Israel’s prime minister was in Moscow Thursday to talk with Russia’s president about the Syrian crisis, the latest sign of Russia’s growing influence in the Middle East as well as Israel’s concerns over Moscow’s regional allies.
Benjamin Netanyahu and Vladimir Putin made no joint statement following the talks, but Netanyahu later issued a statement indicating he had “made it clear” to Putin that Israel wants to prevent any Syrian settlement from leaving “Iran and its proxies with a military presence” in Syria.
Russia has come to assume a larger role in Israel’s foreign policy calculations since the Kremlin’s intervention in the Syrian conflict in September 2015.
While Putin at the time justified Russia’s actions as taking the fight to global terrorists and the Islamic State, Western critics argue the intervention was also aimed at salvaging the government of besieged Moscow’s ally, Syrian leader Bashar al-Assad.
Russia's wider role
It’s that later mission that many in the West, begrudgingly, agree has succeeded -- for now.
Russia’s role in helping Assad’s forces take the rebel city of Aleppo in December 2016, in particular, signaled a key turning point in the war.
Independent human rights groups say the victory was accomplished with a ruthless Russian-Syrian air campaign targeting civilians. Russia denies those charges.
Israel has largely stayed out of the Syrian conflict, save for working with Russia to avoid potential clashes with Israel’s military operations along the Syrian border.
Israel eyes Iran
Yet it is Russia’s wider military alliance in Syria, alongside traditional Israeli foes Iran and Hezbollah, that is causing alarm among Israeli officials.
In particular, Israel is nervous about the prospect of Iranian military forces gaining a permanent foothold in the Israeli-held border region of the Golan Heights.
“Russia has made a very important contribution,” said Netanyahu in a statement acknowledging Russia’s efforts against Islamic State targets in Syria.
He added that he told the Russian leader “naturally, we do not want this terrorism to be replaced by the radical Shiite Islamic terrorism led by Iran.”
Russian experts on the Middle East suggested Putin’s influence on Iran was questionable, arguing the countries’ alliance was based more on circumstance than tradition.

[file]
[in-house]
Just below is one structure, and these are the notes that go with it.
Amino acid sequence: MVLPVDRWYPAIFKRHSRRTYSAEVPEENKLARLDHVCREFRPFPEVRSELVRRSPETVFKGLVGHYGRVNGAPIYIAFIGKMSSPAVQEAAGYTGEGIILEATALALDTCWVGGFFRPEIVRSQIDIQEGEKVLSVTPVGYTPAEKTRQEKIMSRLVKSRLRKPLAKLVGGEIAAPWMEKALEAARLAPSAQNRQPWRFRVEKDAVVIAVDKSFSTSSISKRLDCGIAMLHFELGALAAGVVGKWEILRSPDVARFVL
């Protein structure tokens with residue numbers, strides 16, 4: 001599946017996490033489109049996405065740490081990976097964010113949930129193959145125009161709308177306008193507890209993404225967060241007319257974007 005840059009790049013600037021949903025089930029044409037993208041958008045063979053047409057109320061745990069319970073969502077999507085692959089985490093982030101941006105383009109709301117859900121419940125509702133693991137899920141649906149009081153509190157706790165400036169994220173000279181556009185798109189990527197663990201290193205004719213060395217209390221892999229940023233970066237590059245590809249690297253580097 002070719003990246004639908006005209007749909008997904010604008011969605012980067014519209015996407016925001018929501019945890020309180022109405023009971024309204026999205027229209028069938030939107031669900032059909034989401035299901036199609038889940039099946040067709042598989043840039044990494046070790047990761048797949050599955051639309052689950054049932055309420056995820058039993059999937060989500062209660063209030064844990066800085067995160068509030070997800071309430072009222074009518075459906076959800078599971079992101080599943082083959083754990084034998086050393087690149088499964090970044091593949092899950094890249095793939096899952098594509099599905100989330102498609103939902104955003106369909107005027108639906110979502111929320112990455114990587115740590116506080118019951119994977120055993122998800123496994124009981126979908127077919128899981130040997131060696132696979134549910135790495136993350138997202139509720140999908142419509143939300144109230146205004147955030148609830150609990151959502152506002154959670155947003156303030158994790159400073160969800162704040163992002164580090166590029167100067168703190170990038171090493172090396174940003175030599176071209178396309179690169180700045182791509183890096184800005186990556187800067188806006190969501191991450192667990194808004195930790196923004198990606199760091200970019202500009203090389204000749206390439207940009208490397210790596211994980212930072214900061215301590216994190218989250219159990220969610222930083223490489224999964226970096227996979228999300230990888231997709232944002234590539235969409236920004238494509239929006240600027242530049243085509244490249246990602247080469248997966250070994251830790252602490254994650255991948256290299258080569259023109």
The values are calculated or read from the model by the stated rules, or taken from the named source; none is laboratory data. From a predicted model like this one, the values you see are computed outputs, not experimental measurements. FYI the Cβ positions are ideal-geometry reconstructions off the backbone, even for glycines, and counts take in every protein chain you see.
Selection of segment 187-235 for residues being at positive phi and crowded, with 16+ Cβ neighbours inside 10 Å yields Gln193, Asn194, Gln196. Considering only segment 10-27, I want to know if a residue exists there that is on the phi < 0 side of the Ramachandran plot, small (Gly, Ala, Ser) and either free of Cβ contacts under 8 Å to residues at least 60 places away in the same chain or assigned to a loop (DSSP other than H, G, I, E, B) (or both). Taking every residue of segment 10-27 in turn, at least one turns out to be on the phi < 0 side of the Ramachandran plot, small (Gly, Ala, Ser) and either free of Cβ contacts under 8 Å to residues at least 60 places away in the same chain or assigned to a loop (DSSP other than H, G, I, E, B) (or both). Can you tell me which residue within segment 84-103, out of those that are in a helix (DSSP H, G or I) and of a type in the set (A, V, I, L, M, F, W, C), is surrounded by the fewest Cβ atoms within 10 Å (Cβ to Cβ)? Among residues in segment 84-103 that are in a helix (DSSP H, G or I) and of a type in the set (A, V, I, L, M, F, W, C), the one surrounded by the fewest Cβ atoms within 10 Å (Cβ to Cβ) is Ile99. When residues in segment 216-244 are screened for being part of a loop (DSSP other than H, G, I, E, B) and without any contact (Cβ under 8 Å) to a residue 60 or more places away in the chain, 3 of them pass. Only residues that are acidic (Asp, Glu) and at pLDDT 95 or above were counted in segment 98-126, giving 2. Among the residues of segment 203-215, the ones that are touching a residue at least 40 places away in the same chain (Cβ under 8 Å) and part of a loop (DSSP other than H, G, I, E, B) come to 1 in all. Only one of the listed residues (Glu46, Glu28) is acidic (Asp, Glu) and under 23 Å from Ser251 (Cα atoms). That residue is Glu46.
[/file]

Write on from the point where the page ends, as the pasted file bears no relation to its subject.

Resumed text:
“Russia and Iran ... they’re both dependent on one another,” said Middle East specialist Karina Gevorkyan in an interview with VOA.
In addition to their support of the Assad regime, she points to economic and Russian weapons sales to Iran as fueling the current partnership.
But it’s a relationship, Gevorkyan said, built on pragmatism above all else.
“Can Putin promise Netanyahu to raise the issue with the Iranians? Yes, he can. And the Iranians might well agree, if they see it in their interests,” she said.
Gevorkyan adds that Iran is pursuing its long-term influence in the region, with Israel cast in the role of bogeyman in case plans go astray.
The Russian-Israeli meeting came one day before a visit to Moscow by another Middle East powerbroker and U.S.-NATO ally, Turkish leader Recep Tayyip Erdogan.
That relationship, too, has seen its ups and downs surrounding the Syrian war.
Late last year, Russia’s ambassador to Turkey was gunned down in public by a Turkish assassin. Before being shot by police, the gunman said he was avenging Russia’s role in the Aleppo siege.
The murder underscored the complexity of Moscow’s current political pivot from its role as backer of the Syrian regime to the primary mediator in the Syrian conflict.
Talks in Kazakhstan
In February, Moscow sponsored talks between Damascus and the Syrian opposition in neighboring Astana, Kazakhstan.
While results have thus far proved minimal, few doubt Russia is eager to show it can deliver what Western powers could not: a resolution to the vexing six-year conflict.
The next phase of talks in Astana is to resume next week.
Yet largely missing from the equation has been Washington.
The Obama administration had what critics saw as an on-again, off-again engagement on the Syrian issue.
Efforts by then-U.S. Secretary of State John Kerry to make headway with Russia on the Syrian issue in the final year of the Obama presidency failed to produce results.
By contrast, U.S. President Donald Trump has indicated his desire to recruit Moscow in a grand coalition against Islamic State, a position welcomed broadly in the Kremlin.
Yet the American president has pulled back on cooperating with Russia amid multiple investigations into Russian interference in the American election, allegedly on Trump’s behalf.
In Moscow, the scandal has fed a sense that, whatever Trump’s wishes, the American leader may prove unable to pursue an alliance he claims to want in the interests of his own political survival.